Heli-Coil vs Time Sert: Comparing Thread Repair Kits
You’re in a big hurry trying to get out the door and you end up stripping the threads on an engine block. Sound familiar? It happens to the best of us.
When you’re dealing with stripped threads on engine cases, you have several choices. Worse case scenario, you can replace the cases, or you can try using a thread insert repair kit instead.
When it comes to thread insert kits, two immediately come to mind: the Heli-Coil and the Time Sert kits. In the video above, John Talley strips out two bolt holes from an engine case to demonstrate how to use the Heli-Coil and Time Sert thread repair kits, so you can decide for yourself which one is best for you. Read on for more about using Time Sert vs Heli Coil thread insert kits.
The Heli-Coil thread insert kit comes with a guide, a tool that actually does the insertion and the setting of the Heli-Coil itself, and a tap which is used to put in the threads that the Heli Coil is going to attach to, plus the necessary drill bit.
When using the Heli-Coil kit, you start by using the provided drill bit to drill the hole out, keeping the drill as perpendicular as possible.
Next, you’ll use the tap to cut the threads. When it starts to bind while you’re tightening it down, simply back it off. That'll more or less cut the thread, and then you can keep going. If it gets really tough, use some cutting oil to help it along a little bit.
NOTE: If you’re drilling through an engine case or any other part you intend to reuse, cover up all areas to keep the metal shavings out. The engine case we used for this demonstration is not a working case.
Next, use the guide and insertion tool to get it to go down into the threads. You’ll want them to end up in between a quarter and a half turn below the surface.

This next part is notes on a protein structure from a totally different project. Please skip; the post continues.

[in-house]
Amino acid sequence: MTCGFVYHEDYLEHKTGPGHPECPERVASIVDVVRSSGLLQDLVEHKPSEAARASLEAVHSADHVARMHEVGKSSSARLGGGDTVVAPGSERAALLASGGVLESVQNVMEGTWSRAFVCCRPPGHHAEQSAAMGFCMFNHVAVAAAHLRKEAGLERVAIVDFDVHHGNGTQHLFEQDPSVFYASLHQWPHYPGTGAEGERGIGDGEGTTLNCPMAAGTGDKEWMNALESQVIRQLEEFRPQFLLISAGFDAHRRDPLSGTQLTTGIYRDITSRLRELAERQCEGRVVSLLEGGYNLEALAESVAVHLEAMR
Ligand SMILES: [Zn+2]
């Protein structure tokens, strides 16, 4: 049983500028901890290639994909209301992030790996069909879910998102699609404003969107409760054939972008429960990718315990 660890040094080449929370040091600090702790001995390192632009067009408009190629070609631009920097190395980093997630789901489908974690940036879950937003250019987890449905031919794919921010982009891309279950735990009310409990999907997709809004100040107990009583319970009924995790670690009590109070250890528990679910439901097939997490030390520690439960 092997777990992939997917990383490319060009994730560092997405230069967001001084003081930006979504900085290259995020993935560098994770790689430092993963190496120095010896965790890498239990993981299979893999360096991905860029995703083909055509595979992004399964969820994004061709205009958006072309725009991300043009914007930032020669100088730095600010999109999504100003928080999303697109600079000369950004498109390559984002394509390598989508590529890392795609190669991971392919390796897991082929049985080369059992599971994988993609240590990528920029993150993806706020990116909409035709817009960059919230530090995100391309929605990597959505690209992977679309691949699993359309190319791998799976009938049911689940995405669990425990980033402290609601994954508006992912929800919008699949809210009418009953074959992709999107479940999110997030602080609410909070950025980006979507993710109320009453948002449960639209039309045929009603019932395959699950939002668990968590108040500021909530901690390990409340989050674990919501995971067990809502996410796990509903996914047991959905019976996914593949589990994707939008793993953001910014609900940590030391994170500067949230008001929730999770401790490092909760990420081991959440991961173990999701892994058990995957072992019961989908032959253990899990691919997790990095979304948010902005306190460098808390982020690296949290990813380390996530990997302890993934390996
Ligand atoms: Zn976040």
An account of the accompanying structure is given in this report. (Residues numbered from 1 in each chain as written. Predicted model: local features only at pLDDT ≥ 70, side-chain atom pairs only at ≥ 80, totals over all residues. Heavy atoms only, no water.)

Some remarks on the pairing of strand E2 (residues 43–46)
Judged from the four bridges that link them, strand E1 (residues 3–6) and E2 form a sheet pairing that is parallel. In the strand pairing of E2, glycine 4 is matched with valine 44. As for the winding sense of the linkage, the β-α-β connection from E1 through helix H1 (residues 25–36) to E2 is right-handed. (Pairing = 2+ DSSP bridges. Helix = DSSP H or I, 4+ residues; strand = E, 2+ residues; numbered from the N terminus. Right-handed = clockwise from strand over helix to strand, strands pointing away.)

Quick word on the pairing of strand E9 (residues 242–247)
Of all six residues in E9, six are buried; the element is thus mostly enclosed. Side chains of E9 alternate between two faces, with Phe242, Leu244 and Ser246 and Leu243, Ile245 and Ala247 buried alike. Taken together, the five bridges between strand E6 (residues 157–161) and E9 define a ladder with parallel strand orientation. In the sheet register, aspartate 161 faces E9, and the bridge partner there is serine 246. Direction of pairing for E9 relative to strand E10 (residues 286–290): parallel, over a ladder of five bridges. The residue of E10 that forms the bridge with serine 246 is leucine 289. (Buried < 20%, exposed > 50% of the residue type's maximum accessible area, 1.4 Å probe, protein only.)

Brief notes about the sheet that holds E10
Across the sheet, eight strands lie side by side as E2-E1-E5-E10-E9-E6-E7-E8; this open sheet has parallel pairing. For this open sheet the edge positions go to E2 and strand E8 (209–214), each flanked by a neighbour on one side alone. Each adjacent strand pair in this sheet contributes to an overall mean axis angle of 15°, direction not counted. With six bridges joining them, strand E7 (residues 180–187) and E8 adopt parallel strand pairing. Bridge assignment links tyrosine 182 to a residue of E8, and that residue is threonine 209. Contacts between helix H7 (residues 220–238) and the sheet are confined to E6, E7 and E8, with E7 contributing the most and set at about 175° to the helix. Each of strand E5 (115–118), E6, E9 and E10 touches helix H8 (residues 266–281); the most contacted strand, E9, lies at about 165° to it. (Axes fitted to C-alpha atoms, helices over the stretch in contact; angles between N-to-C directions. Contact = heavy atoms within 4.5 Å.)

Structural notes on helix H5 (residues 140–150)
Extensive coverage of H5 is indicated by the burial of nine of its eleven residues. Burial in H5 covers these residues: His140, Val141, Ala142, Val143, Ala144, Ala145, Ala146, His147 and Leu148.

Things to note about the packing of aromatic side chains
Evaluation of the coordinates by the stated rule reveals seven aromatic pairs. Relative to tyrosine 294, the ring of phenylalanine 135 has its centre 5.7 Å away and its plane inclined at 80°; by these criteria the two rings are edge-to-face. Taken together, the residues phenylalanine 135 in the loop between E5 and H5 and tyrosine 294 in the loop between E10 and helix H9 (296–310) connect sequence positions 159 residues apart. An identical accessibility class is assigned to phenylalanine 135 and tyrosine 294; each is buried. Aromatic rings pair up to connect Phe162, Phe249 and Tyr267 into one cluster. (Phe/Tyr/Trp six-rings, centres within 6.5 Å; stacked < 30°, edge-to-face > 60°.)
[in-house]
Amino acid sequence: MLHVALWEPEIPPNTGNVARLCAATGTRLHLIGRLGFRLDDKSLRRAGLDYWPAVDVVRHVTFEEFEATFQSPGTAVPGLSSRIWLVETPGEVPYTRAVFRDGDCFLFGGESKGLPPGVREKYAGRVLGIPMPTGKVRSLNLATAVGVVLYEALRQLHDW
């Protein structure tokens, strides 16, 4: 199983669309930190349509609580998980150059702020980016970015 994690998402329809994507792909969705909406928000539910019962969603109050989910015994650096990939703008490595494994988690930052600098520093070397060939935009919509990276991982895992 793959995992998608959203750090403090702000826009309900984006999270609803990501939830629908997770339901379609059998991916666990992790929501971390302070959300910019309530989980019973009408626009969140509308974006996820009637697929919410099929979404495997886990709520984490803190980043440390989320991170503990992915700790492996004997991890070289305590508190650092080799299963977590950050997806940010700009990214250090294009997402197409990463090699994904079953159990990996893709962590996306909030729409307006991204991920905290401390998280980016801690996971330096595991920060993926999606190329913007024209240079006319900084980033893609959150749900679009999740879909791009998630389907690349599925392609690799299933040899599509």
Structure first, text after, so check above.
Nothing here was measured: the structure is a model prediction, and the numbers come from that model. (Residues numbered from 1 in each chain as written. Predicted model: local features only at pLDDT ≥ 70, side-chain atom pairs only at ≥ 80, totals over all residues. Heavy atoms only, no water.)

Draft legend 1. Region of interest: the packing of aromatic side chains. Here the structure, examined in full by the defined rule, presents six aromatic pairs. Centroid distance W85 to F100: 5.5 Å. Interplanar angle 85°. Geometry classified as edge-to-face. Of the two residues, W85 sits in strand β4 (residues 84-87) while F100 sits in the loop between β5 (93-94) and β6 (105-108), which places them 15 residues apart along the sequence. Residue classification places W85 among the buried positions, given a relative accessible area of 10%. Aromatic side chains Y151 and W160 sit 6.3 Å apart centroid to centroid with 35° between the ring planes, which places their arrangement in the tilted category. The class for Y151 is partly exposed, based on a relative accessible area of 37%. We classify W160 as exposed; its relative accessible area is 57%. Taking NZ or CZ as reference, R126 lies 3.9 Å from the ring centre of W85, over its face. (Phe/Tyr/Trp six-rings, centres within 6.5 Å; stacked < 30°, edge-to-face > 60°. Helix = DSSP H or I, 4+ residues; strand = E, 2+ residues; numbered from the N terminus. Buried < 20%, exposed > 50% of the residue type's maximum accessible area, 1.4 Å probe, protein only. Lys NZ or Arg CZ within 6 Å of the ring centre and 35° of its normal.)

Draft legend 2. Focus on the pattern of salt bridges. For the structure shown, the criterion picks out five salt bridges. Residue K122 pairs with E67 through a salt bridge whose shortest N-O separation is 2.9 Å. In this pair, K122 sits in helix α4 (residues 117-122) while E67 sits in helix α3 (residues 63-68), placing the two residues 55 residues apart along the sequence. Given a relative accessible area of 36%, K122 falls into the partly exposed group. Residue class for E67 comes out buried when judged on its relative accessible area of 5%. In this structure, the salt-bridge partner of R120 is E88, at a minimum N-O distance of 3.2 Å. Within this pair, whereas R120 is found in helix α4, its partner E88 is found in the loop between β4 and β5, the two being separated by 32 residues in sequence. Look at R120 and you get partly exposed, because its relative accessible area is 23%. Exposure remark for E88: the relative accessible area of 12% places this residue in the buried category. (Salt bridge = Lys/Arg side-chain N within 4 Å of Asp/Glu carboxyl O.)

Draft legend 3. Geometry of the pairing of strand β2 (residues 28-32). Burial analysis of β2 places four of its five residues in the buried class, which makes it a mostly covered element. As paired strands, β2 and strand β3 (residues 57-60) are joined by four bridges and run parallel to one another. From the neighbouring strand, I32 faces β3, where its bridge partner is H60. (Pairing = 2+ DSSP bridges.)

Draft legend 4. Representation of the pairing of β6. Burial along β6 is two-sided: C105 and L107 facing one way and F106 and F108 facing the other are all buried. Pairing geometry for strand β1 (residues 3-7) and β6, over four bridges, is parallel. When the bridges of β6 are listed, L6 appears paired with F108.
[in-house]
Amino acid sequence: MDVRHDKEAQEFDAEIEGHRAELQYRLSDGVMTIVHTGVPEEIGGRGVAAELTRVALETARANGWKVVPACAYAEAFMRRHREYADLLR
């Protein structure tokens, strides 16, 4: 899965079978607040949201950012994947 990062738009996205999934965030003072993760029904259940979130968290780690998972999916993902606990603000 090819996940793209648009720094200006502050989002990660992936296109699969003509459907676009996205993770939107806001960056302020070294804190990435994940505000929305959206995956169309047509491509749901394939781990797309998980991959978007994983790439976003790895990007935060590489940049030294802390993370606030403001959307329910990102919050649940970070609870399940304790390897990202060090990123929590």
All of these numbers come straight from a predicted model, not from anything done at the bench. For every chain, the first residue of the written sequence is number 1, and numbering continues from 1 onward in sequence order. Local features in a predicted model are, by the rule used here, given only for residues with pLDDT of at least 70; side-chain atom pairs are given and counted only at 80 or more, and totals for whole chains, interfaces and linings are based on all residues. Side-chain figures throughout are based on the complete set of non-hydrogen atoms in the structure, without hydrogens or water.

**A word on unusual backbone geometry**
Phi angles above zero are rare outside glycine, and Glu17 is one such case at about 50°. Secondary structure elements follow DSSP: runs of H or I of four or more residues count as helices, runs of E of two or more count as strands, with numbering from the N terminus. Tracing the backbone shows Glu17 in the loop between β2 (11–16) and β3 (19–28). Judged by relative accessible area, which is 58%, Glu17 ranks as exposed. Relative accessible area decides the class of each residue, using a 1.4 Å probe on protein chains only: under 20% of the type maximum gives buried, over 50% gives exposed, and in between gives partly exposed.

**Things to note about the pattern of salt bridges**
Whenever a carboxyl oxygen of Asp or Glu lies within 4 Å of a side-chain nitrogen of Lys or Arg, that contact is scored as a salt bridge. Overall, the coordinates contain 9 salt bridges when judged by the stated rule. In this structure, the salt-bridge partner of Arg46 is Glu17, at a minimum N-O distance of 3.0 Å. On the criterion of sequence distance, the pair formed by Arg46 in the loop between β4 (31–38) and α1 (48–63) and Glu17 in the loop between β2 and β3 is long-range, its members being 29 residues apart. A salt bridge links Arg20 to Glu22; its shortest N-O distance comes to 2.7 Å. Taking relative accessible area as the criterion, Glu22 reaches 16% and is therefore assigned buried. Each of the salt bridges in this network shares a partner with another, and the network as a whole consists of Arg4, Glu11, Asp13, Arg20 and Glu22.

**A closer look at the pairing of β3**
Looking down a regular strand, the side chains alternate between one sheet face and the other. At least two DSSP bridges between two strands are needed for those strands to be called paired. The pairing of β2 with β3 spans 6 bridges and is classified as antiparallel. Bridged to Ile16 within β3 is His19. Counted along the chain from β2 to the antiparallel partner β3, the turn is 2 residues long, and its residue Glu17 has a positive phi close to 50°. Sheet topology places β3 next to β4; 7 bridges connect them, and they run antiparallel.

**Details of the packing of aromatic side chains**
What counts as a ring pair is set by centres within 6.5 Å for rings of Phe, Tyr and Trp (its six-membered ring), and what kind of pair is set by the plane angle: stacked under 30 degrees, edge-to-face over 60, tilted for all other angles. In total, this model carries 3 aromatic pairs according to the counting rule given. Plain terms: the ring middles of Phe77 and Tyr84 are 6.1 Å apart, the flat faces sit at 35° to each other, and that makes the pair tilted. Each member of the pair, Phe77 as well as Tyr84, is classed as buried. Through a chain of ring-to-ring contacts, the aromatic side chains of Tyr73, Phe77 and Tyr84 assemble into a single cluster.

Even though there are plenty of threads in there to hold the bolt, the trick is if it needs to go past the end of the Heli-Coil, it can't because there's a little tang sitting in there. To go past it, you need to break that tang off, or else it's going to bottom out against it. For breaking the tang off, find a square edged punch that fits just inside the hole and then pop it loose.
The Time Sert kit is a bit more comprehensive than the Heli-Coil. It comes with the Time Sert itself, which is a solid piece, plus the correct drill bit, a countersink, a threader and the insertion tool.
Just like with the Heli Coil, you’ll start by using the drill bit provided in the kit to get the hole drilled out.
One notable difference between the Time Sert and the Heli-Coil is that the Time Sert has a countersink that allows it to go all the way below the level of the surface you're working with.
Next, you’ll cut the threads until you feel the threader bottom out.
Once that’s done, you’ll be using the insertion tool, which has the advantage that it doesn't grab a tang or anything similar. The Time Sert is one piece tapered on the end, and as the insertion tool goes through it, it expands it down at the bottom to lock it in place. The kit includes some oil to apply on the insertion tool so that it has an easier time going through the end of the Time Sert itself.
Once it’s almost bottomed out, all you have to do is drive it just past the end of the Time Sert and then back out the insertion tool.
Heli Coil vs Time Sert
The Heli-Coil, which was used to install the left bolt in the picture below, works well for one-time use. However, if you're going to use it over and over again, it may not be the better choice. The Time Sert, which was used to install the bolt on the right, is said to be a more durable tool than the Heli-Coil.
Related: How to Remove a Stripped Screw